In my family I am famous for avoiding traditional breakfasts. Pancakes, waffles and French toast don’t agree with me; they leave me feeling really sluggish for the rest of the day. Occasionally, I’ll have an omelet, but rarely eat bacon, sausage, ham or cereal. I often grab some whole-grain toast on days when I have a long to-do list – or on days when I’m not feeling particularly creative. And there’s always my go-to of finishing off take-out Chinese food (or whatever else I may have brought home if I dined out the night before).
So what’s a girl to do to have a healthy breakfast? Increasingly, I find that I’m turning to making my own version of hash. Typically, hash is a dish of cooked meat cut into small pieces and recooked, often with potatoes. And that’s what I often think of since my dad served corn beef hash with a poached egg for Sunday breakfast when I was growing up.
However, I find I crave a healthier version these days – a vegetable hash. And it’s so easy to make You basically cut up vegetables, sauté them in a frying pan until tender, season to your liking and you’re ready to go. If you want a little protein, cook an egg or heat up some beans and then plop them on top of the veggies.
One thing I would suggest when making hash is cutting vegetables the same size so they cook at the same rate. Here’s a good video to help you learn knife skills:
The good part about hash is you can easily create it based on what you have in your refrigerator – and you’ll be reaping more health benefits than eating some of the more traditional breakfasts. For instance, the hash I made this morning included the following vegetables:
- Sweet potato, which is a great source of beta carotene as well as a good source of vitamin C, manganese and copper. This vegetable is full of antioxidants and anti-inflammatory nutrients. Sweet potatoes also may help with blood sugar regulation.
- Red onion, which is packed with quercetin, which has antioxidant, anti-fungal, anti-bacterial and anti-inflammatory properties and helps fight cancer. The vegetable also has allicin, which promotes cardiovascular health and reduces high blood pressure.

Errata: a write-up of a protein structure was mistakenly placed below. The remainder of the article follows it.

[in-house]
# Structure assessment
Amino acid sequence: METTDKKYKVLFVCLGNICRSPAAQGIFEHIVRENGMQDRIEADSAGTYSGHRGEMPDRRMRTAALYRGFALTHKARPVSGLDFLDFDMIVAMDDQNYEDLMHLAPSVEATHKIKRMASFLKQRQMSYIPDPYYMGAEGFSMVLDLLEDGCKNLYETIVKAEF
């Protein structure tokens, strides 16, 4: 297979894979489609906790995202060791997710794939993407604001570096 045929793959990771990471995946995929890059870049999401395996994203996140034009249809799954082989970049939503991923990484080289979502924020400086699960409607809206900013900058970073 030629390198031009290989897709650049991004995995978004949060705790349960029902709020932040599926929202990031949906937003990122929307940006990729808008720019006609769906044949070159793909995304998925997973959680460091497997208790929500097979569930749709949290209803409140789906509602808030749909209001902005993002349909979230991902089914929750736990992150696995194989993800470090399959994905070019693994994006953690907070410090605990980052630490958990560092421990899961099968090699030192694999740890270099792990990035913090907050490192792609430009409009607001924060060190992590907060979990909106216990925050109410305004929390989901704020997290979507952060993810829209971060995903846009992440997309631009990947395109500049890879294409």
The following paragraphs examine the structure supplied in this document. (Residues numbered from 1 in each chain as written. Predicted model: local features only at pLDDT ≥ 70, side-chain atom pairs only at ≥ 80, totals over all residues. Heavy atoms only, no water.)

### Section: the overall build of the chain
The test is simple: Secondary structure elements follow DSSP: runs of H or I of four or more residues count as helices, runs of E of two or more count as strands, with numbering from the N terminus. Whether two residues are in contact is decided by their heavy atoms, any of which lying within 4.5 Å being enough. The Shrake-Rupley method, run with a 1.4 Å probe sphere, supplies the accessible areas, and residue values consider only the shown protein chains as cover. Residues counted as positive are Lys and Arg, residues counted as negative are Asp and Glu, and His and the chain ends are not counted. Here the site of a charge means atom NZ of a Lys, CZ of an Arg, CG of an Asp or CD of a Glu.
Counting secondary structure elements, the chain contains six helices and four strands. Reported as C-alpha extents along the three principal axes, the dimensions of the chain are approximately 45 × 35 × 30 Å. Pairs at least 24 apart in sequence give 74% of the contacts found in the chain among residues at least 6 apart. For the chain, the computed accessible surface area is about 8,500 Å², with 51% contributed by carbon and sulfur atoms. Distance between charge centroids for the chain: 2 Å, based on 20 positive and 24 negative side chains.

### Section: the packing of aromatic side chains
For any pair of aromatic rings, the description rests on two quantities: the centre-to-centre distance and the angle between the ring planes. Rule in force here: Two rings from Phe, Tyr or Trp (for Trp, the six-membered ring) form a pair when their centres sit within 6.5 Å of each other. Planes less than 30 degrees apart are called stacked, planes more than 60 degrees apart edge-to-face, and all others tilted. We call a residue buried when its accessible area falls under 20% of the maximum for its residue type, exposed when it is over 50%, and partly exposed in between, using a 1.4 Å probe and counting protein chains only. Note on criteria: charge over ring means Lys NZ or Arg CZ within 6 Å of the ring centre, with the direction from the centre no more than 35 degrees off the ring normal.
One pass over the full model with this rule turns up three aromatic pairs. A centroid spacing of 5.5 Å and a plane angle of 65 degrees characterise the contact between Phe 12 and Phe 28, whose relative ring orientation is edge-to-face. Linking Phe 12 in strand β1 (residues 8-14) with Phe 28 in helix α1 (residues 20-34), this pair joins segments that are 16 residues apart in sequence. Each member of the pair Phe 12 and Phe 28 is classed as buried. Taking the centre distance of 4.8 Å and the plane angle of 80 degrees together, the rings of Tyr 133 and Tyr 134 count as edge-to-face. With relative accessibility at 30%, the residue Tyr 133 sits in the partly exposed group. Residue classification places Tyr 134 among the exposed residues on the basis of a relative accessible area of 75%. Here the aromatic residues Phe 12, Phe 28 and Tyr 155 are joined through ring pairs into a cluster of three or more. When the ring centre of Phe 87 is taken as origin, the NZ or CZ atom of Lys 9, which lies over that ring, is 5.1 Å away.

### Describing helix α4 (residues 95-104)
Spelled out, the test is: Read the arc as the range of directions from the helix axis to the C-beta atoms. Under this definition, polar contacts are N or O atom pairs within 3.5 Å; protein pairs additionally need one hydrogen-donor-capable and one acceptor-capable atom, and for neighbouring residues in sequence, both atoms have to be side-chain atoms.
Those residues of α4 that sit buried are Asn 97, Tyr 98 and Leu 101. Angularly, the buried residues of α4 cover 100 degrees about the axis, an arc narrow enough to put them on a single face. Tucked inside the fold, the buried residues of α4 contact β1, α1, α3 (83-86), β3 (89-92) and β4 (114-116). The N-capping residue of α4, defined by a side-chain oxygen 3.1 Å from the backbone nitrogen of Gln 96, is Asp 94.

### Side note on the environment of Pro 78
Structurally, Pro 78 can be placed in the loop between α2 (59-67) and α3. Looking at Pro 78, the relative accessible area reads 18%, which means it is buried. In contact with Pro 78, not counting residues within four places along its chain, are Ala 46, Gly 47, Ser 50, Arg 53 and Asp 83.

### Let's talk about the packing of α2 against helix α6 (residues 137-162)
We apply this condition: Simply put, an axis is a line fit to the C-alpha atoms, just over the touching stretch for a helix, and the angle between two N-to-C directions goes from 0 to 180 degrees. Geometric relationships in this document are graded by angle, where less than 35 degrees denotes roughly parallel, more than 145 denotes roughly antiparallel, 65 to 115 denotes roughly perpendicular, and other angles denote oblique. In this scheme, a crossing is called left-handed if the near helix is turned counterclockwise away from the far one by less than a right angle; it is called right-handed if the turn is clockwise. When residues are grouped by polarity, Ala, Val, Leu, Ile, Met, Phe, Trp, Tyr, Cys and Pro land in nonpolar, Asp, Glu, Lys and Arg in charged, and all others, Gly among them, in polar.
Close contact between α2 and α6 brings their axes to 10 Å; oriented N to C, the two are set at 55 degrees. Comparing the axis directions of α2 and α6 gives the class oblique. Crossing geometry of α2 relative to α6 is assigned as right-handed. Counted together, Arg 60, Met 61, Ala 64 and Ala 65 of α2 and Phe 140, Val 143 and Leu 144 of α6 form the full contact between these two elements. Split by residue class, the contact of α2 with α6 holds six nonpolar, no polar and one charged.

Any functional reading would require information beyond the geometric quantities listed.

- Crimini mushrooms, which are a great source of vitamin B12 and support the immune system and the cardiovascular system. These mushrooms also may offer protection from certain types of breast cancer.
- Spinach, which is rich in iron that supports the functioning of red blood cells. It also is a good source of vitamin K, vitamin A, vitamin C, folic acid, manganese, magnesium, iron and vitamin B12. Spinach has anti-inflammatory and anti-cancerous properties and protects eye health.
In case you’re not comfortable freelancing a hash recipe, here’s a good recipe to get you started. Enjoy!
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Primary Sources for This Sharepost:
George Mateljan Foundation. (ND). Mushrooms, crimini.
George Mateljan Foundation. (ND). Sweet potatoes.
Healwithfood.org. (ND). Health benefits of eating red onions.
Lewin, J. (ND). The health benefits of…spinach. BBCGoodFood.com.
Dorian Martin writes about various topics for HealthCentral, including Alzheimer’s disease, diet/exercise, menopause and lung cancer. Dorian is a health and caregiving advocate living in College Station, TX. She has a Ph.D. in educational human resource development. Dorian also founded I Start Wondering, which encourages people to embrace a life-long learning approach to aging. She teaches Sheng Zhen Gong, a form of Qigong. Follow Dorian on Twitter at @dorianmartin, Facebook or Instagram at @doriannmartin.